Medievalist.net, Thursday, 7 May 2015, ‘12th-century copy of Consolation of Philosophy was written in Scotland, scholar finds
Boëthius' Consolation of Philosophy is often mentioned in connection with Tolkien as one of the possible sources for some of the philosophical ideas unpinning Tolkien's work (or at least as a, to modern readers, fairly accessible medieval representative of these ideas), and so the provenance of early copies of Boëthius from the British Isles is also interesting in a Tolkienian context.

Medievalist.net, Thursday, 7 May 2015, ‘Scandinavian trade “triggered” the Viking Age, researchers find
Well ... just because! ;-)

Andreth
by Jenny Dolfen
Holly Ordway, Sunday, 17 May 2015, ‘Tolkien, Morris, and the Dead Marshes: An Unrecognized Connection
When reading this, there is, to some extent, a sense of seeing someone re-invent the wheel and then cry out Eureka!. Professor Ordway is, to a large extent, battling some very aged wind-mills when she claims that Tolkien's modern sources are largely unrecognised, or in her discovery of Morris' influence on Tolkien. However, though there is nothing new about the connection between the Dead Marshes and Morris' “ Huns and Romans, as in The House of the Wolfings or The Roots of the Mountains.” (Letters no. 226), I cannot recall seeing this particular connection analysed to the extend that Ordway does, and does interestingly, here.
So, all in all, a more detailed and thorough study than previously seen of a very much recognised connection.

Robert Busek, Medievalist.net, Tuesday, 19 May 2015, ‘Defenders of the Faith: Augustine, Aquinas, and the Evolution of Medieval Just War Theory
Unfortunately I haven't had time to read through this paper myself, but both St. Augustine and St. Thomas Aquinas are often mentioned among Tolkien's philosophical inspirations, and I cannot help but wonder how this paper will line up with e.g. Faramir's wonderful speech about not loving “the bright sword for its sharpness, nor the arrow for its swiftness, nor the warrior for his glory.” (LotR, book IV, ch. 5).

John Garth, Monday, 25 May 2015, ‘A friend of Tolkien's TCBS tells a neglected truth of war
Possibly a bit tangential to the normal topics of these transactions, but the story of George Henry Bonner does, as John Garth implies in the title, tell another bit of the story of the Great War and what it did to that generation of young men to which Tolkien also belonged. The tragedy did not end in 1918.


= = = = Commentary = = = =

Lynn Forest-Hill, Southfarthing Mathom, Saturday, 2 May 2015, ‘Our only meeting in April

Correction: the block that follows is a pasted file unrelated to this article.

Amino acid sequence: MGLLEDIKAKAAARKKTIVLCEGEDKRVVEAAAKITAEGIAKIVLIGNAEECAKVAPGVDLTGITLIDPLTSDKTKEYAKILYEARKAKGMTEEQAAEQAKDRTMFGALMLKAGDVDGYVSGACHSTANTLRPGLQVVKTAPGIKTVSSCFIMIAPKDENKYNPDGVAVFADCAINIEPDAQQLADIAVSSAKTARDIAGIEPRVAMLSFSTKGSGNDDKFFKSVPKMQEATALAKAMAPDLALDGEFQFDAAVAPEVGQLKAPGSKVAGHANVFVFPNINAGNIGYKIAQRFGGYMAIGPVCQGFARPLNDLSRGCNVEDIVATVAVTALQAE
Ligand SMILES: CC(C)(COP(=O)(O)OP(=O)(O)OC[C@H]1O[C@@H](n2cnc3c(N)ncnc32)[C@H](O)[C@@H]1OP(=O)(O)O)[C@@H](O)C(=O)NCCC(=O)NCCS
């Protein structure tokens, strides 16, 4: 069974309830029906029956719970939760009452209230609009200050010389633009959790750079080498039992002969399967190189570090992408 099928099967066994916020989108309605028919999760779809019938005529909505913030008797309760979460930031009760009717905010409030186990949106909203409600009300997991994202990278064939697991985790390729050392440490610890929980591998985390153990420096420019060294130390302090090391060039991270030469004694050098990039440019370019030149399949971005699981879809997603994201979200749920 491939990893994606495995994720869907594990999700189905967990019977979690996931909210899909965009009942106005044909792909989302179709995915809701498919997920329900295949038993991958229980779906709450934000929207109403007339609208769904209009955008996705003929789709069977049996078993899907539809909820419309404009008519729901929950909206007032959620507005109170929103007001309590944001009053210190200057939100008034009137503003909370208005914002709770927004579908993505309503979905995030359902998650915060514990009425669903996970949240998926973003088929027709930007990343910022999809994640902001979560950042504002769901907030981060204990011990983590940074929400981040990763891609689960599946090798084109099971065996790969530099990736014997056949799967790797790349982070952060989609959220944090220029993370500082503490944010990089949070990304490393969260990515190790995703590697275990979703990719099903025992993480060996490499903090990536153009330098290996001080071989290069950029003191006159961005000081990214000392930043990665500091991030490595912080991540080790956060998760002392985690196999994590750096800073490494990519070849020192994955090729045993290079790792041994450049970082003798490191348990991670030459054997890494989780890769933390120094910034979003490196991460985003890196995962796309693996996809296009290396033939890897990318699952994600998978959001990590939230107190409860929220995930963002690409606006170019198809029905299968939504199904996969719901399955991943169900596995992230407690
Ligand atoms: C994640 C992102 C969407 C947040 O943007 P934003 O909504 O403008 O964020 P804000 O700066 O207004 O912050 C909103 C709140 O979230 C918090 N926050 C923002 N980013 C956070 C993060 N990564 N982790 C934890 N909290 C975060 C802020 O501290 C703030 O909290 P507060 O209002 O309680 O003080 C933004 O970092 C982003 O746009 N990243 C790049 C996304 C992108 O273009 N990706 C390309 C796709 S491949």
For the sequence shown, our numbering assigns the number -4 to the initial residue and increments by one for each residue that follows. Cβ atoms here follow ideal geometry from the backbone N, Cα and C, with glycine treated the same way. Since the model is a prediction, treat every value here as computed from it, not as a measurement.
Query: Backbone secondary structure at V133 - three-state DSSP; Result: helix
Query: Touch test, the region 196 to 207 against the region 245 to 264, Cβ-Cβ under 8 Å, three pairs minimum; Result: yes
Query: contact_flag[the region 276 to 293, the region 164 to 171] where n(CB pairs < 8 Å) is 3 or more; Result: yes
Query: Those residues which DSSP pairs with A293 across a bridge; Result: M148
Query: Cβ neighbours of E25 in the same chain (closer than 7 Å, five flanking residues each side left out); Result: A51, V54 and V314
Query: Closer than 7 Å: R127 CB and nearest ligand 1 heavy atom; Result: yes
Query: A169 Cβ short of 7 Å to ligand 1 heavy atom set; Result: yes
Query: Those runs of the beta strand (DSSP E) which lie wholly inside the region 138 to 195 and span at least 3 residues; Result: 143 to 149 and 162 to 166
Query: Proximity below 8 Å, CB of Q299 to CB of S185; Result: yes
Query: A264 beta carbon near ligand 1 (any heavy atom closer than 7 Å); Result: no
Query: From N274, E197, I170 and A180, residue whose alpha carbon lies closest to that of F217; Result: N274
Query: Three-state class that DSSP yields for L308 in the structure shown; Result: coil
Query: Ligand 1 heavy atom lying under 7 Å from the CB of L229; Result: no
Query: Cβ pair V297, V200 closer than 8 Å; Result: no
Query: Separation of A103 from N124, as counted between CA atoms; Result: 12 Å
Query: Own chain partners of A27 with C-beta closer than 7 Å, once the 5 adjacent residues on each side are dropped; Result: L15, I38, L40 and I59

The Southampton Tolkien Reading Group has now reached book II of The Lord of the Rings and used a whole meeting (with everyone present) to discuss the first chapter, ‘Many Meetings’.
A few points caught my attention. Gandalf's concern about the situation in the barrow, which he appears to take more seriously than the attack at Weathertop, is puzzling, indeed. A discussion about the differences in the sitations with the Master Ring in Tom Bombadil's house and Rivendell appears to have focused on place rather than people, which made me curious. Also there are some bits that appear, at least to me, to assign a greater sense of agency to the Master Ring than I feel is entirely justified, though Tolkien has managed to make this inanimate object appear almost as an independent character in the story, reflecting the personification that the actual characters apply to it.

Philip and Carol Zaleski, The Chronicle of Higher Education, Friday, 8 May 2015, ‘Oxford's Influential Inklings
It seems that writers of books about the inklings have begun to write lengthy articles based on their books as part of the promotion of the book. So the Zaleskis here produce a lengthy article based on their new book about the inklings, The Fellowship: The Literary Lives of the Inklings: J.R.R. Tolkien, C.S. Lewis, Owen Barfield, Charles Williams. Most intelligent commentary on both article and book can be found in the Mythsoc e-mail list on Yahoo groups (see under discussions)
See also: Sarah Seltzer, Monday, 11 May 2015, ‘Fathers of Fantasy: Celebrating J.R.R. Tolkien and C.S. Lewis' Friendiversary,
Bruce Charlton, Thursday, 14 May 2015, ‘Review of The Fellowship: The Literary Lives of the Inklings by Philip Zaleski and Carol Zaleski (2015)
Elizabeth Hand, Los Angeles Times, Friday, 29 May 2015, ‘Review: J.R.R. Tolkien, C.S. Lewis, and 'The Fellowship' of fantasy writers

The Two Captains
by Jenny Dolfen
Michael Martinez, Tuesday, 19 May 2015, ‘Please Stand Here, Mister Tolkien, While We Take a Few Measurements
This is one of the – over the past few years quite rare – instances where I have to say that I mostly disagree with Martinez.
First of all, I think his understanding of scientists' approach to Tolkien's work is, at least, insufficient – scientists are analysing Tolkien's work from a lot of different perspectives and for a number of reasons. In many cases, the scientist is more concerned with helping the reader to understand their science than they are with understanding Tolkien (see for instance Henry Gee's excellent The Science of Middle-earth), in some cases the primary concern is a type of source study, where Tolkien's understanding of the Primary World is seen as a source, and many other concerns are also seen, but I doubt that the desire for Middle-earth to be real a factor for many scientists – if for any at all.